Implementing the EU Capital Requirement Directive – key operational risk elements

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Basel II and the EU CRD introduce, for the first time, specific Operational Risk requirements for credit institutions and investment firms. With less than 2 years available to prepare for the introduction of the simpler Operational Risk approaches, some firms would find it useful for the FSA to prescribe specific detailed Operational Risk standards that could be taken into account whilst preparing for the implementation of the EU Directive. However a variety of considerations, including differences between firms in terms of size, scale of activity and complexity and uncertainties over the final version of the Directive, will prevent the FSA from prescribing a detailed range of qualitative Operational Risk standards. This paper seeks to identify the general Operational Risk standards currently embodied in the Basel and EU documents and to distil these standards into ten qualitative Operational Risk elements that are likely to be considered by the FSA as part of any assessment of a firm's Operational Risk framework. Given the variables and uncertainties that will impact on the FSA's expectations for specific firms this paper reflects the authors' views and not the corporate views of the FSA.

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... The remaining articles within Pillar II are categorised under the "Other" subgroup and address themes such as the key operational risk qualitative elements required for an appropriate risk management framework [66], or discuss weaknesses in the management of operational risks and inadequate practices in information systems outsourcing used in commercial banks in Nigeria [67]. ...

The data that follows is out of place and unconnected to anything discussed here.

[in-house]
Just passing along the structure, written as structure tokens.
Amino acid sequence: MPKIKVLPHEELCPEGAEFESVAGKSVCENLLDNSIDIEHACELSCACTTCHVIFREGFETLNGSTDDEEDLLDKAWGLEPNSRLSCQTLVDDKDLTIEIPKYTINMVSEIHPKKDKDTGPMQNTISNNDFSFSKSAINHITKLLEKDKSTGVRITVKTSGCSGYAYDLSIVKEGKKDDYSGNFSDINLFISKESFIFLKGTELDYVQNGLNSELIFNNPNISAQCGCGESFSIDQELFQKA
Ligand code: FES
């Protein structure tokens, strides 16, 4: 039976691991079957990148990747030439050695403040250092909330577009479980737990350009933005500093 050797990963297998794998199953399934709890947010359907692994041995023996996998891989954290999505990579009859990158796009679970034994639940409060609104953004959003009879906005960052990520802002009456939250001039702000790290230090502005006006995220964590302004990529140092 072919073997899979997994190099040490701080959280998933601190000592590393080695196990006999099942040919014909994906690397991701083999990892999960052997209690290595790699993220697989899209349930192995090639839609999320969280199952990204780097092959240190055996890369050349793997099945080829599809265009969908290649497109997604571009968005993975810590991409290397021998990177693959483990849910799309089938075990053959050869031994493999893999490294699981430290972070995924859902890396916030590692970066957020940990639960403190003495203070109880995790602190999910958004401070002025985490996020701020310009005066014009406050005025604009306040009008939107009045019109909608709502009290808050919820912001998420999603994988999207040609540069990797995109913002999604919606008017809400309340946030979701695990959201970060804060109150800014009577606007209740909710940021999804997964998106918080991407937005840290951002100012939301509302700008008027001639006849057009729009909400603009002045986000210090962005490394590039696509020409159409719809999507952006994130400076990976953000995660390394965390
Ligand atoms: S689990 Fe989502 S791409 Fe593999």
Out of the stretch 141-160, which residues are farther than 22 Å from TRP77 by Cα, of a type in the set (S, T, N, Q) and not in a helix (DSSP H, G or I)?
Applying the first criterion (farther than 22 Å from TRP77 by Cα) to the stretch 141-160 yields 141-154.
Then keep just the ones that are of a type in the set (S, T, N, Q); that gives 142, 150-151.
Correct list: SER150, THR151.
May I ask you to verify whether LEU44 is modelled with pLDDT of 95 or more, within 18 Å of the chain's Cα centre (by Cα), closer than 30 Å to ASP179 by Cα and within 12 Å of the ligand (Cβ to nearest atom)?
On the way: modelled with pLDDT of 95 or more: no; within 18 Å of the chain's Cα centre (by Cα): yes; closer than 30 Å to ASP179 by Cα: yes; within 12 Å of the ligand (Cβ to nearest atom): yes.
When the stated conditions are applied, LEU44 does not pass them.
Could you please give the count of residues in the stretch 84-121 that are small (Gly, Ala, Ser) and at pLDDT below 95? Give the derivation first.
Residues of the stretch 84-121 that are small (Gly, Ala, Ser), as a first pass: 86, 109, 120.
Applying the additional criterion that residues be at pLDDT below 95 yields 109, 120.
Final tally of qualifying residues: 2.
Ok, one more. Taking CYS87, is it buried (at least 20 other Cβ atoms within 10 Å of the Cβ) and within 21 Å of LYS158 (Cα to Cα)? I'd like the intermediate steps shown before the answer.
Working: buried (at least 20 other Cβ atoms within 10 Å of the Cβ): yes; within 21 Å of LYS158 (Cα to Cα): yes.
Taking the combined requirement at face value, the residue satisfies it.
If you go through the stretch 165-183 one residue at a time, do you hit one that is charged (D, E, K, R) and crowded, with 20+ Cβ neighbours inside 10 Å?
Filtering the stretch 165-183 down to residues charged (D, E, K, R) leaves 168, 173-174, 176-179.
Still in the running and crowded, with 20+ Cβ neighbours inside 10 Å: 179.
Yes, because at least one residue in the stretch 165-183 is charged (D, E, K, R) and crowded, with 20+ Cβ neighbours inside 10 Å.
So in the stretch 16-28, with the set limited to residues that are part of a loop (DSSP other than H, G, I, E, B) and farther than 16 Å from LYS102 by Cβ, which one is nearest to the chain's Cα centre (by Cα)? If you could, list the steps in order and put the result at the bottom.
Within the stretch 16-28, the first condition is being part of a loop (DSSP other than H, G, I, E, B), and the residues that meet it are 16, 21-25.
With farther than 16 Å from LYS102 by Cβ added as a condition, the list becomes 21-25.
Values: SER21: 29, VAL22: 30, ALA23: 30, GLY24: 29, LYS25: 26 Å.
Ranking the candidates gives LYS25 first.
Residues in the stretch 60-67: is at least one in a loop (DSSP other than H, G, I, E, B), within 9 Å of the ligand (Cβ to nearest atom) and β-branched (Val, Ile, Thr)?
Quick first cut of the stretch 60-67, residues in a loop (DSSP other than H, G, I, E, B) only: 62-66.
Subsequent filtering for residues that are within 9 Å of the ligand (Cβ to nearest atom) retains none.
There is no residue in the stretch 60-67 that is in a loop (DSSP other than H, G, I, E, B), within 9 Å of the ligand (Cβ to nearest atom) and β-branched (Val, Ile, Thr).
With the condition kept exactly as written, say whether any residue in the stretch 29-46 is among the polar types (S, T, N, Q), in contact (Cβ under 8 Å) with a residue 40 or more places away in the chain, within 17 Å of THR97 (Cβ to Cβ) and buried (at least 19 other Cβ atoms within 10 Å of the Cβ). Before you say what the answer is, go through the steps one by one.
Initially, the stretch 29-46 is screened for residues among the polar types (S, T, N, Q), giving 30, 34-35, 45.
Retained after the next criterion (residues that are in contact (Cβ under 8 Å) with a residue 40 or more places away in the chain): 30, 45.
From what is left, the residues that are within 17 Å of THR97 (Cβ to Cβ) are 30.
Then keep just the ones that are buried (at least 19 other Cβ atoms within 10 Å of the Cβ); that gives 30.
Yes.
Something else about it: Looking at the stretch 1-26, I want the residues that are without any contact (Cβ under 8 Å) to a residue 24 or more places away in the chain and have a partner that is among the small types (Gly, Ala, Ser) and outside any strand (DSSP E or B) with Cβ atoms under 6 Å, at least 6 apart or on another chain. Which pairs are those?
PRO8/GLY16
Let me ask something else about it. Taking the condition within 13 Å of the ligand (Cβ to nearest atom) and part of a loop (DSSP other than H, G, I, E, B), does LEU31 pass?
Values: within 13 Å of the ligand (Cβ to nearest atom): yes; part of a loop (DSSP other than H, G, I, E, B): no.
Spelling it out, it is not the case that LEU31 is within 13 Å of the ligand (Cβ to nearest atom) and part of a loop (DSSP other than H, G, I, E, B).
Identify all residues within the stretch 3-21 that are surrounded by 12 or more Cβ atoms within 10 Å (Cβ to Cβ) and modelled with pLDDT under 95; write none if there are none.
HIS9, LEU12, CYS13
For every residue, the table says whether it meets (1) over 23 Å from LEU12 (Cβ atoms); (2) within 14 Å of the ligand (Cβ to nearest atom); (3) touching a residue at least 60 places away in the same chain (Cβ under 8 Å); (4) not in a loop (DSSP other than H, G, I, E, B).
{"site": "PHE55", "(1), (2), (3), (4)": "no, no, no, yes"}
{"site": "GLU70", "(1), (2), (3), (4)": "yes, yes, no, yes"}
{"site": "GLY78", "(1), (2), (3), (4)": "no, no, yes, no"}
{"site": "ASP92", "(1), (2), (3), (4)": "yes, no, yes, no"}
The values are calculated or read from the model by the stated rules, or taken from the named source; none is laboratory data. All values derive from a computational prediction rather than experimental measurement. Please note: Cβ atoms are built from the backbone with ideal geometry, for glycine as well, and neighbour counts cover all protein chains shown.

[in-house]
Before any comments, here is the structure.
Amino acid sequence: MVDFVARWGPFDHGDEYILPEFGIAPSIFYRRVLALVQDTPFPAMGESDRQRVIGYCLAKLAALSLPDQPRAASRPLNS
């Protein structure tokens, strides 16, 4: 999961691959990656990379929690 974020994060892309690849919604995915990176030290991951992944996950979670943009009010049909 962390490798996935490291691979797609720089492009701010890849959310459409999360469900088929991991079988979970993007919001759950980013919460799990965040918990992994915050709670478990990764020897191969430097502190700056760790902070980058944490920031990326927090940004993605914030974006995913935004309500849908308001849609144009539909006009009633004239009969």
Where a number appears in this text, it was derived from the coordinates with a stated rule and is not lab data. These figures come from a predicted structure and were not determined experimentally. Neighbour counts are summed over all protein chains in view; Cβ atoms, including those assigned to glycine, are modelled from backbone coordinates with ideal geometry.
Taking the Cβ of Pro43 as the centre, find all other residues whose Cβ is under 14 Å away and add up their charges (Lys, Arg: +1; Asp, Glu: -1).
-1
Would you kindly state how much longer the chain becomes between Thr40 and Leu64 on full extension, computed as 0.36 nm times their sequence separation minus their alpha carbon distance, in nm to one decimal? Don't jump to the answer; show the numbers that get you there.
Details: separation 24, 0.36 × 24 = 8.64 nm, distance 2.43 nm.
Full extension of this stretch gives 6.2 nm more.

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Following the three-pillar structure of the Basel II/III framework, the article categorises and surveys 279 academic papers on operational risk in financial institutions, covering the period from 1998 to 2014. In doing so, different lines of both theoretical and empirical directions for research are identified. In addition, this study provides an overview of existing consortia databases and other publicly available sources on operational loss that may be incorporated into empirical research, as well as in risk measurement processes by financial institutions. Finally, this paper highlights the research gaps in operational risk and outlines recommendations for further research.
... However, meanwhile this independent review is key and, as Sheen (2005) states, it could provide a valuable challenge to the OR framework, there may be a need for greater focus on it. ...
Purpose – The objective of this paper is to provide a global perspective of the operational risk (OR) management framework from an internal audit viewpoint. Design/methodology/approach – This paper describes the new role of the internal audit function in reviewing the OR framework. Findings – An efficient OR management framework will improve and reinforce the internal controls of the organization. Internal audit should be alert to the whole process of implementation of the systems for managing OR in entities. Originality/value – This area has not been analyzed in depth to date. The paper provides a summary guide to audit of OR management frameworks in financial institutions.